6 things you might experience when you’re out of young rider classes

Whatever your discipline and whatever the level you compete at, there will eventually come a time when every equestrian must hang up their that coveted ‘young rider’ status forever and permenantly classify themselves as an adult.

While you might have good genes which mean you only look to be in your mid-teens, your birth certificate says different, so here are six things you might experience when you’re too old to be classified as ‘young’…

1. Strangly enough, you will feel young

You’ve spent the past couple of seasons as the oldest, the wisest and (probably) the tallest in the field. But pulling your stirrups up and hunching over a little to lose a couple of years are things of the past. Now, you’ve gone back to being the youngest and your older peers, who are adulting all over the place, make you feel under-classed. While at 25 you’re classified as a functioning adult in society, the equestrian competition scene can make you feel both young and old at the same time depending on who you’re stood next to in the collecting ring. It will take some time to get used to.

2. Your competition days will run differently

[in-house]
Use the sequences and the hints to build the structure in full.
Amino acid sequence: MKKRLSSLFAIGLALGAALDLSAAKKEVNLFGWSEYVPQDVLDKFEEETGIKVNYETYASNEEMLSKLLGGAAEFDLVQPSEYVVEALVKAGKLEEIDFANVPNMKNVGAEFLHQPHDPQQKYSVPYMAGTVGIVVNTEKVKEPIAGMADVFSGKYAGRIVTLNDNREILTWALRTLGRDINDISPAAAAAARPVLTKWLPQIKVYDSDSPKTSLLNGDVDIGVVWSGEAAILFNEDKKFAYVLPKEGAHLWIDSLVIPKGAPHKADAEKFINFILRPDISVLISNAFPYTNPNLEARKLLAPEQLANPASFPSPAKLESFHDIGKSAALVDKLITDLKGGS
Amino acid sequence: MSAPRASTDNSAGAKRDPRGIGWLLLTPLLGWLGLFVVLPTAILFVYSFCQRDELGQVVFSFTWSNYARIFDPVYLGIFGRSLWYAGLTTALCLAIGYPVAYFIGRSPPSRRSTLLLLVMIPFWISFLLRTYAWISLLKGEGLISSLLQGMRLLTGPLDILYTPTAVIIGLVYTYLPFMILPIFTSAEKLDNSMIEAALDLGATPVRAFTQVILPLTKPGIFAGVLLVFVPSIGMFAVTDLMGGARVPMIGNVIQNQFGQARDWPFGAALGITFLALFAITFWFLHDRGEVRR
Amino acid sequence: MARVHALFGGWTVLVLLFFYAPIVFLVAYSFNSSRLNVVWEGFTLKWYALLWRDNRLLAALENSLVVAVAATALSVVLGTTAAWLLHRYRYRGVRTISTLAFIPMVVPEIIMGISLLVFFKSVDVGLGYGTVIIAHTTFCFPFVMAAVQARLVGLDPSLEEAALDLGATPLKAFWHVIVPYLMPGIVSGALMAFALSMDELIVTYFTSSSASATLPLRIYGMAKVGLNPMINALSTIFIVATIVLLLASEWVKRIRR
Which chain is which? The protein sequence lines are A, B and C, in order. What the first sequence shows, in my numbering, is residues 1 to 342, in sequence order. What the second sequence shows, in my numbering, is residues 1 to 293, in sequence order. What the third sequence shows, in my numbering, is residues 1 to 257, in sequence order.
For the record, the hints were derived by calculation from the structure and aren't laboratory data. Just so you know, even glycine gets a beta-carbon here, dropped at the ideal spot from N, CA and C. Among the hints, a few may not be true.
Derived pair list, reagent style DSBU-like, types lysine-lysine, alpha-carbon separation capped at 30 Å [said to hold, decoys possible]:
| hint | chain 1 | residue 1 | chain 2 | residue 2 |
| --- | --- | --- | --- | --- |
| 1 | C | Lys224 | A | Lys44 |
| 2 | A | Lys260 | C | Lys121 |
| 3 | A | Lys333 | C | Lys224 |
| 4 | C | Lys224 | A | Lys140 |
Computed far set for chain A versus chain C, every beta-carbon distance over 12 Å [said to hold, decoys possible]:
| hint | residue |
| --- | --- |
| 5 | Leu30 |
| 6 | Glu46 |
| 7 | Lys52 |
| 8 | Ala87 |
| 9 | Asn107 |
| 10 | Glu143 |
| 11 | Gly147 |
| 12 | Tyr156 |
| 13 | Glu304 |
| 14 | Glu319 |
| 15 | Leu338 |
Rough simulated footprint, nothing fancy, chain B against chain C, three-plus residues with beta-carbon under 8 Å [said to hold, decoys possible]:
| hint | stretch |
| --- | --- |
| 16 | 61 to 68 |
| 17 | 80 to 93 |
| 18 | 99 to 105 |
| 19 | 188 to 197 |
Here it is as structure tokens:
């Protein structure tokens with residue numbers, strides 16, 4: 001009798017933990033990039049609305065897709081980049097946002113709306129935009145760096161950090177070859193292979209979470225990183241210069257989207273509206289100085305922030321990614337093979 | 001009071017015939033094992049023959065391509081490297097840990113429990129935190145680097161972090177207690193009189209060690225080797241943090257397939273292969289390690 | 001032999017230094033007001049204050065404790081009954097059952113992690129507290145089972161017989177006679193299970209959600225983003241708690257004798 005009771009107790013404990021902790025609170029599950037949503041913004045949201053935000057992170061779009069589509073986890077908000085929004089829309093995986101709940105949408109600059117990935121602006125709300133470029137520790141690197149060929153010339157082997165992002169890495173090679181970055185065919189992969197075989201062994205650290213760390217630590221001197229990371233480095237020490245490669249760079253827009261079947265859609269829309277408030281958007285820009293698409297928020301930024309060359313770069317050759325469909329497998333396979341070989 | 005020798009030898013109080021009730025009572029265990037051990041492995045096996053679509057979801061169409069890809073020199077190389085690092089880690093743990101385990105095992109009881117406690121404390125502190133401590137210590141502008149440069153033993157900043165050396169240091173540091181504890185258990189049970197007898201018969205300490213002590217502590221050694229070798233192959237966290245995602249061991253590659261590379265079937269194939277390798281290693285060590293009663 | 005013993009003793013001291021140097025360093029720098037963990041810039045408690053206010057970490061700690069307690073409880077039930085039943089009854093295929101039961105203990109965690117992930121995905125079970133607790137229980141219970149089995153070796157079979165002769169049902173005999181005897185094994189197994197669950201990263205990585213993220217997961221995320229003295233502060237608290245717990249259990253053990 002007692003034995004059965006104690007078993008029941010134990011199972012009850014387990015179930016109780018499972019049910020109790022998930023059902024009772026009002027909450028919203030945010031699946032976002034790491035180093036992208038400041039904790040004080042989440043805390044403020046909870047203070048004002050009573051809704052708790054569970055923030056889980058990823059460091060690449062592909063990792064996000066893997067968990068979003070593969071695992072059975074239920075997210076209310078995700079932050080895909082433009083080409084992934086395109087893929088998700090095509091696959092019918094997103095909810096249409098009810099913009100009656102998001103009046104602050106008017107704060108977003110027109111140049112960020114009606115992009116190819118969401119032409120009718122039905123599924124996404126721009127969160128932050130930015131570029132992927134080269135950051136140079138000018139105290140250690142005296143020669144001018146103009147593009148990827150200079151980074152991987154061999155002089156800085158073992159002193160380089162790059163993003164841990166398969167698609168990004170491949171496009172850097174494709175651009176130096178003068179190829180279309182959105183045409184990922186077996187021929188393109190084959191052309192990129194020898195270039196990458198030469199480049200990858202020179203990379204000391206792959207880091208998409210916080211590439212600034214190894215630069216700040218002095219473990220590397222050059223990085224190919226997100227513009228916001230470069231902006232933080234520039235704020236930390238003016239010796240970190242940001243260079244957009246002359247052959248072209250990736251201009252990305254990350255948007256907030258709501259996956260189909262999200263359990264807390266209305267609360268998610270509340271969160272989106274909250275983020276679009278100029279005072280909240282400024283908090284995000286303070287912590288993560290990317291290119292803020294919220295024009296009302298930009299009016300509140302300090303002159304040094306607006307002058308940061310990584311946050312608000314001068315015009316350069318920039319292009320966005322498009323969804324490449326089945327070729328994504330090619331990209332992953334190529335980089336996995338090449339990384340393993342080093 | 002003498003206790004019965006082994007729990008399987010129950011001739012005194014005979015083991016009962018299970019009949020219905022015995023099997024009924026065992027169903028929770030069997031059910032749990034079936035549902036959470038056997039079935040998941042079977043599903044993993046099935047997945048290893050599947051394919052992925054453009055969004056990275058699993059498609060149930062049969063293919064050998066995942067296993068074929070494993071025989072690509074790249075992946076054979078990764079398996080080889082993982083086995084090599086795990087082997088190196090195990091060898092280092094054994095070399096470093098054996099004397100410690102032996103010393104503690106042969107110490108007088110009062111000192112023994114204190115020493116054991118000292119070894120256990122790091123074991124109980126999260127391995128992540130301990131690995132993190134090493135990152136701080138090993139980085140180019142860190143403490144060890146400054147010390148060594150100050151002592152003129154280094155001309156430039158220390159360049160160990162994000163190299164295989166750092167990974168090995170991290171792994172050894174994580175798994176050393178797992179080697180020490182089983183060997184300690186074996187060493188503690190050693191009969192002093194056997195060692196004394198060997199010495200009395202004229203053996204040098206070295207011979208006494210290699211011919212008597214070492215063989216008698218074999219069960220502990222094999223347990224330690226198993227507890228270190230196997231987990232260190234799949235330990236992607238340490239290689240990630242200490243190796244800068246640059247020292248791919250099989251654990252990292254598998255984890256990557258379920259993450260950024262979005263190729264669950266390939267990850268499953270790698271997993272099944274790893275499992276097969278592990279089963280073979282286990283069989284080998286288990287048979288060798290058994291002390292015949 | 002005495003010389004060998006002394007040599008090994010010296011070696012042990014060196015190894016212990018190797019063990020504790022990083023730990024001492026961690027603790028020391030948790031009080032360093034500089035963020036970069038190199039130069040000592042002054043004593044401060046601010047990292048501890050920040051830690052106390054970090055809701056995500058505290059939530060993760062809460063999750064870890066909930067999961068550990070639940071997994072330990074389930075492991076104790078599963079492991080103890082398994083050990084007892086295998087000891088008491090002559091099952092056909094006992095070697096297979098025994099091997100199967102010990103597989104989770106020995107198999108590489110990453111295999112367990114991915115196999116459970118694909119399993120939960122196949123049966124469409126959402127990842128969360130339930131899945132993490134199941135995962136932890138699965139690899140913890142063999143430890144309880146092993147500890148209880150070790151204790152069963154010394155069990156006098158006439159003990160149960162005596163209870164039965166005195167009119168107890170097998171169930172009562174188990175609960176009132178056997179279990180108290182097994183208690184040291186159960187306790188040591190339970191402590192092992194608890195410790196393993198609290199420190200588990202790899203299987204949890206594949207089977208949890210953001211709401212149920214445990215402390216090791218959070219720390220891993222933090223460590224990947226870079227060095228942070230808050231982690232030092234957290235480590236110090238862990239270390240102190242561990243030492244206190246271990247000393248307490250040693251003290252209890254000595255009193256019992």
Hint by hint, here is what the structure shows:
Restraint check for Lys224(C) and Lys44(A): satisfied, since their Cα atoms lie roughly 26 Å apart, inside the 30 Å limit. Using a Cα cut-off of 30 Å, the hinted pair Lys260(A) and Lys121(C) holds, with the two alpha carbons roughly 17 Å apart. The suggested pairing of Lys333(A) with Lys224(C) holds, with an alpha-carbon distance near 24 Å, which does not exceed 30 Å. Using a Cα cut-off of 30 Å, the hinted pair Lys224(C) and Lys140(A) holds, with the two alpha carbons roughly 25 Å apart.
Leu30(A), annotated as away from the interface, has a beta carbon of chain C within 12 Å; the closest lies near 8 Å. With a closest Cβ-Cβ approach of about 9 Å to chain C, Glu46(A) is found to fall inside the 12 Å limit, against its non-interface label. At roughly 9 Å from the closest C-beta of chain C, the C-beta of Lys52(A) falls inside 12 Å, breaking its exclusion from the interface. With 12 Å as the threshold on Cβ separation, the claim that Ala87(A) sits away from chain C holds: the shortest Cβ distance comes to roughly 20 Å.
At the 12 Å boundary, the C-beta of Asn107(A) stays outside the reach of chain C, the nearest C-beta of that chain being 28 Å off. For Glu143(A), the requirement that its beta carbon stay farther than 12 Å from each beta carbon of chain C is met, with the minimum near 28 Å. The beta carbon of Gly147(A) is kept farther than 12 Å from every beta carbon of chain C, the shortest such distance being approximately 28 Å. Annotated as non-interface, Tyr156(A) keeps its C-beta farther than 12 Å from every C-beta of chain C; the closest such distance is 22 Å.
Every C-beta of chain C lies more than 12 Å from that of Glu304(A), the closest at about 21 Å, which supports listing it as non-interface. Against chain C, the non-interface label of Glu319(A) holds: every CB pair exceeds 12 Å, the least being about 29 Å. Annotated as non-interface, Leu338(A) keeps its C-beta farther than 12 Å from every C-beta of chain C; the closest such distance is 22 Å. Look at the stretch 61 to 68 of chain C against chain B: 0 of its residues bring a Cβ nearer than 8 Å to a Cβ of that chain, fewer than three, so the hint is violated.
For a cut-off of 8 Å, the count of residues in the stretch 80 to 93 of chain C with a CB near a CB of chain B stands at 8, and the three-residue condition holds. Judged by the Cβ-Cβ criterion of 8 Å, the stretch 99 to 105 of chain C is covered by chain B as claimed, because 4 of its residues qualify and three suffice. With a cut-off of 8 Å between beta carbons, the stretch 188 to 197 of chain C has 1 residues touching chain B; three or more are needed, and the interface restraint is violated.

Your former junior ranking could permit you to contend several classes throughout the day but now that you’re confined to the senior ranks and beyond you get fewer cracks at the whip on show day. There’s no longer the opportunity to use the junior class as a warm up for the big qualifier later in the day, or have a spin in the under-25s before you hit the sizable open track a few hours later.

3. No one has sympathy if you mess up

You stopped being able to use the cute card when you graduated from first ridden classes aged 12, but the excuse that ‘you’re just a kid’ is no longer an acceptable get out clause in any case. As you slowly become integrated in the adult rider scene you will find trainers, judges and spectators alike are less forgiving after a slip-up, a mistake or an avoidable error.

4. Criticism might also be a little more frank

Similarily, those in the judging or training seat won’t hold back so much when it comes to giving out constructive criticism.

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5. You might suddenly feel under-horsed

Admittedly, during the past couple of years, you and your horse have maintained the form of a boss wiping the floor with these youngsters. But in the space of what feels like a millisecond (or literally a day for you riders who were waiting until the 1 January to be out of a certain class), you suddenly see your horse in a different light. He might look a bit small and insignificant, and lack that prowess now faced with different rivals. You’re not quite sure if it’s because the tests have become more difficult, or the fences are higher, or if everyone in the show ring suddenly looks like they know what they’re doing. Time to up your game a bit.

6. Your senior peers might be intimidated

There can be no one more daunting that a fresh faced, enthusiastic and hugely talented young rider coming onto the scene. So while seniors may have years on their side, you can still give all you’ve got and cement your place as the one to beat.

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